Wednesday, August 20, 2014

Territoriality, Part Two

Skies suddenly cleared and in twenty-five minutes, sand was underneath my feet.
I planned to finish my Jack Reacher novel.  But the sun was warm, my mind distracted.

A blog entry entitled "Stains" was  rough and unpublished.  I didn't like the ending, dark and depressing, a mood apart from my usual self

Lying there, I came up with an alternate ending, lighter because of its references to popular culture. 

Well, I thought in my head (which houses my most defective organ), why not provide both endings, let the reader make a choice? Brilliant! 

And all was good. I returned the unopened novel to my pack and headed out.

Twenty yards before I get to my rope, an unpleasant surprise.  Some geezer landed awkwardly on the beach, huffing and puffing. 

I noticed his vest, blue, short and bedazzled.  He's about my age, poor guy, and judging from his bad fashion choices, is an elephant seal docent looking for something else to rant about.

Not that I've got a particular grudge against volunteers.  God knows, I've spent hundreds of unpaid hours in that thankless activity, though mostly in a national park setting.  But to stand like this guy must in cold and constant wind--without even a port-potty to piss in--all because you're A Friend of the Elephant Seals?  Well, I just don't get it.

I mean, how can you wax enthusiastically about a behemoth male creature that does little else but lounge and hump?  And how about the females?  They give birth, immediately hump some more, then abandon their offspring.  Sorreeee!  Watching elephant seal behavior is too much like interspecies voyeurism.  I bet internet porn portrays better values.

Nonetheless, facing this stranger upon my beach, I brought my happy muscles to play and attempted a smile.

"Hi" we said in disturbing unison.
"How you doing?"
"How's it going?"
Damn! Was there an echo in this canyon--maybe one I hadn't noticed because talking to other human beings down here has never been my primary reason for coming?

He seemed nice enough, though.
But I could sense those recent blog ideas, momentous as they were, slipping right out of my brain, and irretrievably absorbed by sand and surf.

"Well, I'm on my way out," I said.  "Hope you don't need my rope 'cause I'm out of here."

I waited a two seconds for his response.
See?  I can be quite charming when I want to be.  At about four seconds, he answered. 

"Hey, well, no. Not a problem, man."
"Good.  It's a little slippery, I know, but it can be done.  Well, take care!"
My rope and I departed like smoke in the wind.

Crossing a field to my car, I saw a late model, red Toyota pickup.  License plate "7X..." something or other.

Now I had to drive back in the morning just to make sure his truck wasn't still there.

But again, that's just me--always looking out for the other guy.


Been cleaning carpets lately.

Carpet soil, I've noticed, comes in three categories:

1. The mistakes you remember--oh, yeah, what was I thinking?
2. The mistakes of others, no idea how or when they happened.
3. The wear of life--too many people walking the same route for too long.

Lately, stains seem darker.  I walk into a room and my eyes are immediately drawn to them
Guess I could avoid looking down but then I'd worry about tripping.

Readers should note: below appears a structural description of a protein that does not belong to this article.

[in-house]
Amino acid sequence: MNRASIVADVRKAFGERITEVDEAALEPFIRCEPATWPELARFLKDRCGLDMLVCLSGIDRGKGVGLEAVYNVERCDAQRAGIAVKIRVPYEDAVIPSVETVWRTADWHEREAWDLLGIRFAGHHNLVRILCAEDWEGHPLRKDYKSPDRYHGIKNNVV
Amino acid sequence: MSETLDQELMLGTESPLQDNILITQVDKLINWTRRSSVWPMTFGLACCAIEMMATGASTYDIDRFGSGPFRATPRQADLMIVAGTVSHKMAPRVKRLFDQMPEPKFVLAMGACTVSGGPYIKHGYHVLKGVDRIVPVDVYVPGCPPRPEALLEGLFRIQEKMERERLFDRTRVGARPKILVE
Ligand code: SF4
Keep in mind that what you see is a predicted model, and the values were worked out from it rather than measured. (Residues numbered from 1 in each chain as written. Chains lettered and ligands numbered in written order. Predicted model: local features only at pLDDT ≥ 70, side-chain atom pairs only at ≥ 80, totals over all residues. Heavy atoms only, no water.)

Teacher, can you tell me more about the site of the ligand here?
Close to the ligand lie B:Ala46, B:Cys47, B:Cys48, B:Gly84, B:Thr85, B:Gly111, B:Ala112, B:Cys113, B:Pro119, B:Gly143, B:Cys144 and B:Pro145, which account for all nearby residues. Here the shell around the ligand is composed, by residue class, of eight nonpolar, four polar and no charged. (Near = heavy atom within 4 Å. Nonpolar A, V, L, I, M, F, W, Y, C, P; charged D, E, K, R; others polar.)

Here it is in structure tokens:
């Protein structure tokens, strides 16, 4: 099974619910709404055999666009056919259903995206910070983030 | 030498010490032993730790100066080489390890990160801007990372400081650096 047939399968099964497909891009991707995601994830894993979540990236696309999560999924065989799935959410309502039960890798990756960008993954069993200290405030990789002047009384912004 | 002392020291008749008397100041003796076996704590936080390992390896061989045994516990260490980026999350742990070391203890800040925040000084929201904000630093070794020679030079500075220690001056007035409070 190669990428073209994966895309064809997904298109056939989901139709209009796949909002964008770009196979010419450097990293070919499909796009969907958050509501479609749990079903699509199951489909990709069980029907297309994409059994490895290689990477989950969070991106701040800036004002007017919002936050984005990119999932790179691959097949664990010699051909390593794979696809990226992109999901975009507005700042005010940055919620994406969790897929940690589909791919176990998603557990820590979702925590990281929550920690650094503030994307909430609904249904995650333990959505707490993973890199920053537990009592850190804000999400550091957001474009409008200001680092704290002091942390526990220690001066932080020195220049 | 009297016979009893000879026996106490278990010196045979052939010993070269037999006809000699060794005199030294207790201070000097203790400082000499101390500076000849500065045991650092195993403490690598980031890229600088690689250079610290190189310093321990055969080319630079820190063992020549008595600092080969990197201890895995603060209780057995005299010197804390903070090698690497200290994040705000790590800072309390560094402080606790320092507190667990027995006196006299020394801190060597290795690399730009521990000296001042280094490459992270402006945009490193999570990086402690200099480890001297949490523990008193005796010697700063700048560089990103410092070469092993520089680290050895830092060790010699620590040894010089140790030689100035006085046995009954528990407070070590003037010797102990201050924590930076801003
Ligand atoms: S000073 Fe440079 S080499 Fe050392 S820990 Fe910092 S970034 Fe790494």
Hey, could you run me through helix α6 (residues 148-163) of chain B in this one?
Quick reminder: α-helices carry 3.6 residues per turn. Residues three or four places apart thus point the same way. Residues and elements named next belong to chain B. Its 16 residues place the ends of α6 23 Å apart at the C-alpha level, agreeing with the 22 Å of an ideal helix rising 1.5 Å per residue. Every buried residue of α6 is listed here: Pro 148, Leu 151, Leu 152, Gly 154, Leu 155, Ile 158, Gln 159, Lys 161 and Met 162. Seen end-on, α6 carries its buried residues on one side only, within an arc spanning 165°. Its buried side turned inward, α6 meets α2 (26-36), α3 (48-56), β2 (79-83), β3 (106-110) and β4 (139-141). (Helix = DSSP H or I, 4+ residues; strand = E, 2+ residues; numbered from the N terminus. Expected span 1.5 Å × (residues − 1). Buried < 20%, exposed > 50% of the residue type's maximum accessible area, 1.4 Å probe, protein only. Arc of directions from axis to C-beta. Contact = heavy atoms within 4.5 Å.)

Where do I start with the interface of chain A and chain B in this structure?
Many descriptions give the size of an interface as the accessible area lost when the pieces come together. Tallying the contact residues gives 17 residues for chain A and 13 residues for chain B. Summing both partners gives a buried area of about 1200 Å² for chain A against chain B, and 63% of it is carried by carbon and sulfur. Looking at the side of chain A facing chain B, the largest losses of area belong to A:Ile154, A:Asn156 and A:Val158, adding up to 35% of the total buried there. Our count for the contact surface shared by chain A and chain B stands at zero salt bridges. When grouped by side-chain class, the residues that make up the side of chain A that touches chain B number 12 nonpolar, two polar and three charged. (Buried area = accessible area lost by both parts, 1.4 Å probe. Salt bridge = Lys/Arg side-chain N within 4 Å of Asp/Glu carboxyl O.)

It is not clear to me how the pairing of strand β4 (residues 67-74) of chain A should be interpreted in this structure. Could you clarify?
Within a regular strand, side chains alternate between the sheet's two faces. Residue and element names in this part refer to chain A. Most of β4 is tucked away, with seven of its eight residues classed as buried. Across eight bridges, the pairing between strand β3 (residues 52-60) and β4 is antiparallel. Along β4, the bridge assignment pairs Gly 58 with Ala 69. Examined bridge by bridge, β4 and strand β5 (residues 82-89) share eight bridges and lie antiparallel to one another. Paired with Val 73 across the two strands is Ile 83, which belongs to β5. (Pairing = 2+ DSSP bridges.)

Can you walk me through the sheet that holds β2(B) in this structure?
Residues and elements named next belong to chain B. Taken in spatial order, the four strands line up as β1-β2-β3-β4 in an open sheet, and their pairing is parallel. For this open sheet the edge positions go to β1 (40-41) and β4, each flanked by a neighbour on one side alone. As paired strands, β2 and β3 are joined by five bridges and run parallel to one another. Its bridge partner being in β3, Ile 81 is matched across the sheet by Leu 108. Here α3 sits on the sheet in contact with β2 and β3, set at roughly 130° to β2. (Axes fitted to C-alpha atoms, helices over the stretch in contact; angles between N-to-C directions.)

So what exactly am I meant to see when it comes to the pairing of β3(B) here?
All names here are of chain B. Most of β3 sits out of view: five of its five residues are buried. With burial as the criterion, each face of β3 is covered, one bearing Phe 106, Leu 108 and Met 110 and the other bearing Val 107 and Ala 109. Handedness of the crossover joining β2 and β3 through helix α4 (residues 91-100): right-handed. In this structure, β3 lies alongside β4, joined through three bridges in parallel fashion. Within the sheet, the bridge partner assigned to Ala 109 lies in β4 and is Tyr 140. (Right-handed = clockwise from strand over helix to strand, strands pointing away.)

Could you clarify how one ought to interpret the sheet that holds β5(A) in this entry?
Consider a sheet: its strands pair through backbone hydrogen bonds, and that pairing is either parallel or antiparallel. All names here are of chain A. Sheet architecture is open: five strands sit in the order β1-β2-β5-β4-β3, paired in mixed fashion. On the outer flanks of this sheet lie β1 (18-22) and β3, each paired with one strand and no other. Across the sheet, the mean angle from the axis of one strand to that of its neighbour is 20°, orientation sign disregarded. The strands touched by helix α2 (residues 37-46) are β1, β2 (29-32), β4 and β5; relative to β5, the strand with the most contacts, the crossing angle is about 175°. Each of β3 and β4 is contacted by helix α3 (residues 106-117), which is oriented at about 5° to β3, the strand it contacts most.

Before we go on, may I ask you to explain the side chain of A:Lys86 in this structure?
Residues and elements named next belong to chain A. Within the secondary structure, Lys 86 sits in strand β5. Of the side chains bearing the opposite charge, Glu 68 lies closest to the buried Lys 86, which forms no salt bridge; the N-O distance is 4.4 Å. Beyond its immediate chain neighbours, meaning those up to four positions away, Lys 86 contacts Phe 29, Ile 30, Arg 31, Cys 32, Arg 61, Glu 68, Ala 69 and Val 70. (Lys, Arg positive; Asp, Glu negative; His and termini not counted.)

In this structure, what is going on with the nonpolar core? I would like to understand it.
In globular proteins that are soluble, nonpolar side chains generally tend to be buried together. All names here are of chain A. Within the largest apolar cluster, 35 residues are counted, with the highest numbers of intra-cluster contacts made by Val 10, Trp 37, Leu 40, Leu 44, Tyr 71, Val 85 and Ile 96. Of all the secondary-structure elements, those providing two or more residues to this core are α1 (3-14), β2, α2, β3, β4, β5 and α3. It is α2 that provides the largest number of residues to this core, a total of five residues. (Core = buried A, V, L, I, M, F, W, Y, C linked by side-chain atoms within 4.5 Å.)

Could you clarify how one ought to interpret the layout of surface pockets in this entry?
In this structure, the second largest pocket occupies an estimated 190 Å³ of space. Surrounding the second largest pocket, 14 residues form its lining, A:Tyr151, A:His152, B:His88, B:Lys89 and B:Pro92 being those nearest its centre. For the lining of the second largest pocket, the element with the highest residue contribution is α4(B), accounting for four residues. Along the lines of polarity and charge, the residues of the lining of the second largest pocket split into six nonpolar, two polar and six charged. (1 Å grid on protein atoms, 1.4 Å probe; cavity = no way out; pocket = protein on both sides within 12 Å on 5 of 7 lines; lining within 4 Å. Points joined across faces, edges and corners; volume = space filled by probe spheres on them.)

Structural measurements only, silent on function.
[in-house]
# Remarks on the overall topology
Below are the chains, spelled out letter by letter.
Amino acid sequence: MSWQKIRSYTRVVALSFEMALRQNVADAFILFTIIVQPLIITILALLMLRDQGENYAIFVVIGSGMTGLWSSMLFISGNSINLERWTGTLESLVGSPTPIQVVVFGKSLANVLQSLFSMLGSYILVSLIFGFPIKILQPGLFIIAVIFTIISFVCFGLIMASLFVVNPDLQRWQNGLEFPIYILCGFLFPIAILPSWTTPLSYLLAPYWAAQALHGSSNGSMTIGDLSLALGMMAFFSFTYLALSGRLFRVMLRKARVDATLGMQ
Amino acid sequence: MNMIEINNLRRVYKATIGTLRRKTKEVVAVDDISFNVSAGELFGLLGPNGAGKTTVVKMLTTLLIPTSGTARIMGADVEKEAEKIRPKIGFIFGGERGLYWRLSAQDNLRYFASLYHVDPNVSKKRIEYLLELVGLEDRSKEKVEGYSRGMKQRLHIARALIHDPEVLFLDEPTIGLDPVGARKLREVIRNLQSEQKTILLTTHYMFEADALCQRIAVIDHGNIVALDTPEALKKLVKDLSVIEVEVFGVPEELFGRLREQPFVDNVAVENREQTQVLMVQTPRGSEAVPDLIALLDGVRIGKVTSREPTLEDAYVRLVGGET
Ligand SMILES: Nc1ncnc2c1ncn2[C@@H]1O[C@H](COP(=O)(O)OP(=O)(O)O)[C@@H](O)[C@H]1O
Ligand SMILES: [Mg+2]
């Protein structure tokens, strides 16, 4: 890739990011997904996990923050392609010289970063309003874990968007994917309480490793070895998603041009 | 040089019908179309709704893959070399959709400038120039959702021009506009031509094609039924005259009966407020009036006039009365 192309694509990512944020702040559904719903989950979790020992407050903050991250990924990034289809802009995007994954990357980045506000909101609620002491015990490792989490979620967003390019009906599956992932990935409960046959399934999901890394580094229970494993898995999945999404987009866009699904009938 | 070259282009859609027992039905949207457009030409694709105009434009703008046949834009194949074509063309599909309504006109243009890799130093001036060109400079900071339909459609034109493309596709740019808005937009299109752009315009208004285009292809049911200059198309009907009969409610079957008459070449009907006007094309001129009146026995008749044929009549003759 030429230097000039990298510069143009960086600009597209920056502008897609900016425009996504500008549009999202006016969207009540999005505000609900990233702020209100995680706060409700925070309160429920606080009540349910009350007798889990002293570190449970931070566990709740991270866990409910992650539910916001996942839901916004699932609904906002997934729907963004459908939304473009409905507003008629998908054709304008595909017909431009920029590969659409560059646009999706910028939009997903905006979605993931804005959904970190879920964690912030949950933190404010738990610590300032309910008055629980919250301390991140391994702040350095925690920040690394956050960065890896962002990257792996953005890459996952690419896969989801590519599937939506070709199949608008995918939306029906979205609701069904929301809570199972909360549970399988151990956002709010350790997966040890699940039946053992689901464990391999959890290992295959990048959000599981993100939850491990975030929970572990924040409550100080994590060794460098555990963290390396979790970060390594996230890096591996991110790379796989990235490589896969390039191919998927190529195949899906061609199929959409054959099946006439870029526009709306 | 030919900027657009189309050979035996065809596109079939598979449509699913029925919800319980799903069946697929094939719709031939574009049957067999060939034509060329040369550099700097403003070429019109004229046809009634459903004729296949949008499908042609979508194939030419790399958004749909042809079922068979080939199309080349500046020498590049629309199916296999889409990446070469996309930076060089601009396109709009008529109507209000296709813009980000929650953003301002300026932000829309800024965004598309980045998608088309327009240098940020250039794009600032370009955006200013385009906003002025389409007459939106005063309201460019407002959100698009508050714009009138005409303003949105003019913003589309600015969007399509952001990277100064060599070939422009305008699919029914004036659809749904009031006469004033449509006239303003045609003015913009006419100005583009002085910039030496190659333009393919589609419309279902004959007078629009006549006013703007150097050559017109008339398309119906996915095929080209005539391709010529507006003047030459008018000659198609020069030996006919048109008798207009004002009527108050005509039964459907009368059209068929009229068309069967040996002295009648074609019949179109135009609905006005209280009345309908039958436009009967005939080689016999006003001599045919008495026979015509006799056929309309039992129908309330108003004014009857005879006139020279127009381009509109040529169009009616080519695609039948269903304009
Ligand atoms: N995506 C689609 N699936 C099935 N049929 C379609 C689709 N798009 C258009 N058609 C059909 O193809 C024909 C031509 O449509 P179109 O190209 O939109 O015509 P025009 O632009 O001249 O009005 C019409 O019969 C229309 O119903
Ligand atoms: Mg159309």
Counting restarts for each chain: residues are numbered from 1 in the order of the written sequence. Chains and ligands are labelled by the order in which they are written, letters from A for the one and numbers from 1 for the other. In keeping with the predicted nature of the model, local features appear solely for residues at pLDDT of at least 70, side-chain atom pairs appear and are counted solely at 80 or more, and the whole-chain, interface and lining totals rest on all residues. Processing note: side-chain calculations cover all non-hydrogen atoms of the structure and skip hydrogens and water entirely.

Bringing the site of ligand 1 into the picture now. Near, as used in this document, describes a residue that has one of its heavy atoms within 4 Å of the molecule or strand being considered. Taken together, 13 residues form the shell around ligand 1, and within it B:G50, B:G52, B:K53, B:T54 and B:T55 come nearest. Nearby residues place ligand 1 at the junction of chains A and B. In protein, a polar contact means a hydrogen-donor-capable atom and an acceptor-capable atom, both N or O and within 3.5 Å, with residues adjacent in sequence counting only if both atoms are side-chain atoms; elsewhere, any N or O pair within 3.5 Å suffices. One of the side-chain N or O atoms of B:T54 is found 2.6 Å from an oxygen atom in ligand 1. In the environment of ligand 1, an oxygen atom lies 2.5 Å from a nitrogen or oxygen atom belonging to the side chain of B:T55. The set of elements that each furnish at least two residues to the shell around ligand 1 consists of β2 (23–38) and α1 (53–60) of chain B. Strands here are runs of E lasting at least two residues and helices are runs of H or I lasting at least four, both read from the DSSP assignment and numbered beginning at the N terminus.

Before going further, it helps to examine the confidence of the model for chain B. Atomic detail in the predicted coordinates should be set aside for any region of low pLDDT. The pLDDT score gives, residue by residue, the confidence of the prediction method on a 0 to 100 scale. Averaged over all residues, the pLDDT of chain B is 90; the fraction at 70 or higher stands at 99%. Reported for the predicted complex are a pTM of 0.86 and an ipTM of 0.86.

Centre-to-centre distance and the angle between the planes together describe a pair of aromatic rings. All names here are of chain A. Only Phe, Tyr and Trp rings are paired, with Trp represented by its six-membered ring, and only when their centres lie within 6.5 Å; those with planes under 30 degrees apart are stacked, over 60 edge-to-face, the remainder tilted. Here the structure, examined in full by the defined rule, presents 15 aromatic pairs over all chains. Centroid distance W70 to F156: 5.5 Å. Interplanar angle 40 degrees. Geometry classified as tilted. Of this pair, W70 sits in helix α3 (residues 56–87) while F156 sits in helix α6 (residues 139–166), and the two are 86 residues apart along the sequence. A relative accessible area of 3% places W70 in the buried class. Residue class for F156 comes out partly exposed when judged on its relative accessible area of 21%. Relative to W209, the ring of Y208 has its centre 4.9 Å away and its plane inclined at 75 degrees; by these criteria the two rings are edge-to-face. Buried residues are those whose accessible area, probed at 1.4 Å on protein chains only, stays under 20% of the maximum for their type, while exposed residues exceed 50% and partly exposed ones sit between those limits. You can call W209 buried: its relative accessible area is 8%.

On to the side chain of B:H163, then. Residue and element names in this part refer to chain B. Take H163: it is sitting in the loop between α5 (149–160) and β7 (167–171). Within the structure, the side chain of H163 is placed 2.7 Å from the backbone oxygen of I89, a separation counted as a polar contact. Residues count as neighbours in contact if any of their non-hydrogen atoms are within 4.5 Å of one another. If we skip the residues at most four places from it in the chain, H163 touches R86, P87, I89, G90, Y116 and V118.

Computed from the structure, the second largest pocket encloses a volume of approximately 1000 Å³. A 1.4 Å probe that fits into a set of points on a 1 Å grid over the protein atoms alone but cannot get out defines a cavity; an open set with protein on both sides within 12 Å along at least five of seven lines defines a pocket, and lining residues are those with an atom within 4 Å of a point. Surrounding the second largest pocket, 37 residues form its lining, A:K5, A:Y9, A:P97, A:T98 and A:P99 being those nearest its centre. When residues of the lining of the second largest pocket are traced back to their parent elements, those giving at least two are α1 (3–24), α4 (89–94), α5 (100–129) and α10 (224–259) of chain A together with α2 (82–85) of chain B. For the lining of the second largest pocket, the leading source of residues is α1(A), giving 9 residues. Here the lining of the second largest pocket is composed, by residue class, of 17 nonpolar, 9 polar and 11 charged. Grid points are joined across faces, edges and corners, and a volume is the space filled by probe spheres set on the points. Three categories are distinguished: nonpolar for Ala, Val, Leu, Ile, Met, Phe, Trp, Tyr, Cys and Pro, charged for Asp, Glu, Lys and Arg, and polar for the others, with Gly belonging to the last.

So clean the stain, right?

I've spent a lot of time on my knees doing just that. The results are never satisfactory and only three outcomes can be expected:

1. Nothing.  No brand of cleanser  or any amount of scrubbing will remove it.

2. Yes, the stains fades, maybe to the point where others won't see it.  But YOU know it's there.

3. The stain totally disappears, which is worse. It leaves an overly white border against the background dirt, a constant reminder that something particularly bad happened there.

Seems futile doesn't it?  Like trying to undo time.

                     *                      *                    *
So get a new carpet, silly!
basic replacement really isn't that expensive.

But everyone who's been there knows how much hassle it is.  You've got to move out the larger pieces, often quite heavy, and turn your life upside down for a day or two.

Easier just to live with stains from the past.

So that was my first version of this weird homily, essay, whatever.  Carpet cleaning for dummies, depressed dummies I thought.  Actually tempted to substitute "sins" for "stains" in that last line.
Get a grip!

I really didn't feel that depressed (or guilty) when I wrote it.  Carpets are cleaner now and what else are you going to do when you're at the coast and the sun won't shine?

So I wrote another ending, lighten it up.  From the triple asterisks above consider this "Soprano" ending.

In the perfect Jersey intonations of the late James Gandofini, playing Tony Soprano:

"What're you going to do?"
(with that cosmic shrug best achieved by true Italian-Americans).

Should your name be Christopher Soprano and you hesitate, you might also hear:

"So take out the f-ing carpet!
Get it done."

"Yeah, yeah, Tone, I got that. And basic replacement, well, that's not a problem.
But everyone says it's a hassle. You move out all that heavy shit, you know, then everything is all f-ed up for at least a day or two.
I'm not sayin' I like it, but sometimes you gotta live with your feelings, you know?"

Tony would then say to his nephew, Chris:

"Do I look like your mama? You got feelings, go talk to a shrink--I'll give you a number.  Meantime take care of business--and fuh-ged-about-it."

(Now Tony never exactly said those last three words, but James Gandolfini could convey them with a look.  Good advice, really, but hard to follow)